Resource mobilization is only part of the story. One must also have (or create) an opening in the political process in order to realize a movement's goals. In most of the research on social movements, the political opportunity structure consists mainly of the following dimensions:

1 The relative openness or closure of the institutionalized political system.

2 The stability of that broad set of elite alignments that typically undergird a polity.

3 The presence of elite allies who sympathize with or support social movements.

4 The state's capacity and propensity for repression.

(McCarthy 1997:255)

Keck and Sikkink (1998:7) define the political opportunity structure as "differential access by citizens to political institutions like legislatures, bureaucracies, and courts". I contend that this model is rooted in a "state-centric" perspective (McAdam 1996:34). Political process research tends to present the state as the primary movement target or main vehicle of reform. Many movements indeed share this state-centric orientation. However, numerous movements today increasingly view the nation-state as weak—no longer a natural ally or enemy—and sometimes as just one of many players (if not a marginal player) in their struggles for change. Thus, the primary targets and major sites of reform are no longer centred solely within traditional political institutions. The state and the political elite are only one component of the political process and are sometimes circumvented by movements seeking to challenge more powerful institutions, such as large corporations.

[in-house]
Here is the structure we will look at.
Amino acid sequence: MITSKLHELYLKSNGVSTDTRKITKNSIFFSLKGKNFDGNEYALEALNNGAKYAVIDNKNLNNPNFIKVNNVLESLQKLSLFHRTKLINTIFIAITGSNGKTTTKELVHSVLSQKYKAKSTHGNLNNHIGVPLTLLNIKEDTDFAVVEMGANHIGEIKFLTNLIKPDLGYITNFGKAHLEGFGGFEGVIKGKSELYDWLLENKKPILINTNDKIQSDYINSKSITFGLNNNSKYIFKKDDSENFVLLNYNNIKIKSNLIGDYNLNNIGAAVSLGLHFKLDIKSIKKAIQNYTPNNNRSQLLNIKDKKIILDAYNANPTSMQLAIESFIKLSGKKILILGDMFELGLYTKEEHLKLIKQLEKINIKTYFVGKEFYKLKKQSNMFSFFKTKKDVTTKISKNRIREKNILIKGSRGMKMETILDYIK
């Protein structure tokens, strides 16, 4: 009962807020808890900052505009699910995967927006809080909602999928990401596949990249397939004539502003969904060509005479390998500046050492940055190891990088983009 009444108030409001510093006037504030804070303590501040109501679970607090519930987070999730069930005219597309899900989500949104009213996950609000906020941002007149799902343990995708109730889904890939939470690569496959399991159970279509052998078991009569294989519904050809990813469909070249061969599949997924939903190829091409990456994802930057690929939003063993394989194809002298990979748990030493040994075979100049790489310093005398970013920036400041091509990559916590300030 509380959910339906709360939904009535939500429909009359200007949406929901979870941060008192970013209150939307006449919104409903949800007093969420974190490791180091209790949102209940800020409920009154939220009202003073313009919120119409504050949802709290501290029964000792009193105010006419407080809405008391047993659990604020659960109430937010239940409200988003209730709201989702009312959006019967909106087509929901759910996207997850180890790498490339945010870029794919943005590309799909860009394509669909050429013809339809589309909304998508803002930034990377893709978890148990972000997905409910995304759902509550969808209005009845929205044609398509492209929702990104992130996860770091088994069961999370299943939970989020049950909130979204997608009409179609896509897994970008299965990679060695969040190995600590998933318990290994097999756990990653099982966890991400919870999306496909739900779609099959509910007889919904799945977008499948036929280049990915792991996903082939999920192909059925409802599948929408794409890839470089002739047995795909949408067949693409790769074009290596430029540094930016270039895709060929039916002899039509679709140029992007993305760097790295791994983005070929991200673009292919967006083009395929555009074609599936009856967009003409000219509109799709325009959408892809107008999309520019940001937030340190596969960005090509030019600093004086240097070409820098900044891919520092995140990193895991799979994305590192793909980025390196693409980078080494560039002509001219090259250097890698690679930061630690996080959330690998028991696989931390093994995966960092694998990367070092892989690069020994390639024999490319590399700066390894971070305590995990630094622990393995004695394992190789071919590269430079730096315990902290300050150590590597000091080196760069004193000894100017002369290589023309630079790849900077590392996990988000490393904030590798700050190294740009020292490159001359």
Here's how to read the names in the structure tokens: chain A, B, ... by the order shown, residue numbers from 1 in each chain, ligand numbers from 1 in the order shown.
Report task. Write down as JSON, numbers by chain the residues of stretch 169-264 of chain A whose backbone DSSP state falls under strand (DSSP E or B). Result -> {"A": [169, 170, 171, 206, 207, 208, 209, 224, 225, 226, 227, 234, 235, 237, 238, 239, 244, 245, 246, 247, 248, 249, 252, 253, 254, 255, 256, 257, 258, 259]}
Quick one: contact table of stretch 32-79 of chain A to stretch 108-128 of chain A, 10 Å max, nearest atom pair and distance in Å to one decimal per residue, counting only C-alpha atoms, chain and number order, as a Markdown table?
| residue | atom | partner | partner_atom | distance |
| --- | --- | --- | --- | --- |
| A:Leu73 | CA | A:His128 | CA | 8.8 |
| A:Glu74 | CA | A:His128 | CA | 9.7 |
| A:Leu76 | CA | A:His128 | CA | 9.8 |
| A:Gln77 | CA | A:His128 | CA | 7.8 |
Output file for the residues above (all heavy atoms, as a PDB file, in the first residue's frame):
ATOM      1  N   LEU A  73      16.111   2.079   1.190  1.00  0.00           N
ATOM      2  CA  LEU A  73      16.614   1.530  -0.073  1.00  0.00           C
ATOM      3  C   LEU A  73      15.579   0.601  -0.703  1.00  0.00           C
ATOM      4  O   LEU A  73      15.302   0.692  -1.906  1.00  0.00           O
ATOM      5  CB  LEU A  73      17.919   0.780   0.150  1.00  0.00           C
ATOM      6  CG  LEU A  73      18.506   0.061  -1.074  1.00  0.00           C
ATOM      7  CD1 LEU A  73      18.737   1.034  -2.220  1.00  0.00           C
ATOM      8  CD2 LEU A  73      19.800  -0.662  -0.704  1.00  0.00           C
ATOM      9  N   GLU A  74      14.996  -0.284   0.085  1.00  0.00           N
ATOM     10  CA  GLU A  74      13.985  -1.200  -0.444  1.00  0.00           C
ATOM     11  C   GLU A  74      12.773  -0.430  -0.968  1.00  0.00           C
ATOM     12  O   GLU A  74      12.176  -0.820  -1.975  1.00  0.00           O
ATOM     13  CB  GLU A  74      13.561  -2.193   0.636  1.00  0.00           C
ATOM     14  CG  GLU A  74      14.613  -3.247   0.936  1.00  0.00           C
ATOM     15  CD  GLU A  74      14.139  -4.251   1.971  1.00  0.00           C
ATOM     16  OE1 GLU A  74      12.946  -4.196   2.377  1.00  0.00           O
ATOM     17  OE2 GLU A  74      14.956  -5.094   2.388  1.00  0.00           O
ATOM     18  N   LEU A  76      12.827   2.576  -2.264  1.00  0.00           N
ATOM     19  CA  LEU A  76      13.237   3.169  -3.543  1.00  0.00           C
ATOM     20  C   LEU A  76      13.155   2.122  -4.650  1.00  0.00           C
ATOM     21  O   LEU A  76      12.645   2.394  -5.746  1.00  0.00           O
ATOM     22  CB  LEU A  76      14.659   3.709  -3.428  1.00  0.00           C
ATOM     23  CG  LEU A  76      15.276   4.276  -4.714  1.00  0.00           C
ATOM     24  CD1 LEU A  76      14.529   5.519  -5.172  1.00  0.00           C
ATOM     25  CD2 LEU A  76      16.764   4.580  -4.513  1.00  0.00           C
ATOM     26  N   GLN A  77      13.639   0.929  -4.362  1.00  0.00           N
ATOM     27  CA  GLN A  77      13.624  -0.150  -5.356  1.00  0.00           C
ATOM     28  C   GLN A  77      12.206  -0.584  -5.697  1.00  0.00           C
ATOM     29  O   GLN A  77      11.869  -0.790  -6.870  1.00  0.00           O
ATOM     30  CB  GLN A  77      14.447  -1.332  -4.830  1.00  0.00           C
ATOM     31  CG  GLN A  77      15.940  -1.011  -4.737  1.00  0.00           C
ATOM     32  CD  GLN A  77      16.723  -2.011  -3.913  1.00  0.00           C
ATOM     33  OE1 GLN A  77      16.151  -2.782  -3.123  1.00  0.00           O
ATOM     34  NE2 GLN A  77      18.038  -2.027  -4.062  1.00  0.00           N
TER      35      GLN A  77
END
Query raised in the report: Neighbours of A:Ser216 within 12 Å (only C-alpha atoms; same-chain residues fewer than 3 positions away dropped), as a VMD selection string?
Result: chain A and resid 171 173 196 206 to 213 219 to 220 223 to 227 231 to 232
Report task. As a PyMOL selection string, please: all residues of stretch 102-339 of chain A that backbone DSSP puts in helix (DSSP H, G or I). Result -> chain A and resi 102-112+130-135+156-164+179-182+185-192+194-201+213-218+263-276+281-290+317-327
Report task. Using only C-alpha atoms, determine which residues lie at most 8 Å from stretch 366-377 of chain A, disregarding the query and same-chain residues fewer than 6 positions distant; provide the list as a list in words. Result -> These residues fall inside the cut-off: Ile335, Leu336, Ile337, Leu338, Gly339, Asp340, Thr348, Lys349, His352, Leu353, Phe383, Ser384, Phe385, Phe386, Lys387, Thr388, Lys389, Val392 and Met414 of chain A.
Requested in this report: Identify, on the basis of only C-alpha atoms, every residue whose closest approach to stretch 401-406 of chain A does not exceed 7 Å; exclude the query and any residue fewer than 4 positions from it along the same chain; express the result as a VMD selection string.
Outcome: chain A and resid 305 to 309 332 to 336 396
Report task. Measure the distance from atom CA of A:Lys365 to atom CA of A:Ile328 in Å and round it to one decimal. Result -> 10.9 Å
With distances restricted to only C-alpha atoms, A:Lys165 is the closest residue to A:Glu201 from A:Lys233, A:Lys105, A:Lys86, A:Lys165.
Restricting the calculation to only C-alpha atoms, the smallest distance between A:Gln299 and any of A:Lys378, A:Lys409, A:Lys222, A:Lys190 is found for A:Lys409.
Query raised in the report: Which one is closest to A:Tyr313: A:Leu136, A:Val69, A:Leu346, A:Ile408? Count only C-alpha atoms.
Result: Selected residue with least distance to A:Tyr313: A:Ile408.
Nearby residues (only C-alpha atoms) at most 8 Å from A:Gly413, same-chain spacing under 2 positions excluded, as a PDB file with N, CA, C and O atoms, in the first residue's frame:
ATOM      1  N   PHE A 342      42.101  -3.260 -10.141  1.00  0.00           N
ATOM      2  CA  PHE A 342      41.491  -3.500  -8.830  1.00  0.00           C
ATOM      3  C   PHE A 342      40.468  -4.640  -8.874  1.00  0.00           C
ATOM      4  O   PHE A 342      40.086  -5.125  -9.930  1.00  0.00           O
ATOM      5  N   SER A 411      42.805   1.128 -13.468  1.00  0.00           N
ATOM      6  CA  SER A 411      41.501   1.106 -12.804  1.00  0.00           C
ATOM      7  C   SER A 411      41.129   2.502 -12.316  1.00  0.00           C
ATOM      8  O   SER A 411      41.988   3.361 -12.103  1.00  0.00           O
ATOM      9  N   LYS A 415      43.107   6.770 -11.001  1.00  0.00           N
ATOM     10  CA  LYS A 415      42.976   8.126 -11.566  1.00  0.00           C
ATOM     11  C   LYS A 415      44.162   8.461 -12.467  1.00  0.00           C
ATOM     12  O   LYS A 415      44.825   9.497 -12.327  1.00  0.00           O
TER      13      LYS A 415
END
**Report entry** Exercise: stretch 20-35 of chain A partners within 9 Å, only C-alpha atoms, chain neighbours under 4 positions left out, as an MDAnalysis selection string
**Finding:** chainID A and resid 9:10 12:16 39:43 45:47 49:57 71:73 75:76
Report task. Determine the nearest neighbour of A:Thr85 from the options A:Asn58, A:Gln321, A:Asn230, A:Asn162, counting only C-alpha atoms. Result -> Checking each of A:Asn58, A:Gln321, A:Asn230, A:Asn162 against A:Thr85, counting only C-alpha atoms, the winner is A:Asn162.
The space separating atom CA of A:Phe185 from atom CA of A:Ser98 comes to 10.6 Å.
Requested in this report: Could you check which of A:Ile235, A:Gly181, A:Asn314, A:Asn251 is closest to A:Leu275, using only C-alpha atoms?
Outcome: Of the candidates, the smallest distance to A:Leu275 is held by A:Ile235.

During the 1990s, several international free trade agreements among nations emerged for the purpose of removing obstacles to trade and commerce and allow the unencumbered mobility of commodities and currencies around the globe. The North American Free Trade Agreement (NAFTA) and the World Trade Organization (WTO) produced governance structures that would successfully weaken environmental laws (among others) among member nations. Under such a system, state sovereignty and policy-making capacity are formally subverted as non-state institutions (i.e. supranational trade organizations heavily influenced by corporations) are authorized to rule on a vast range of laws on behalf of private investors and corporations. These global structures have direct impacts on citizens and social movements across nations, independent of elected officials' efforts to close or open the traditional political process. These developments present major challenges to social movements and nation-states. Thus, in the wake of these free trade agreements, if movements (particularly labour and environmental) continue to focus on the nation-state (and its sub governments) as their sole target, they will have misdirected much of their energy.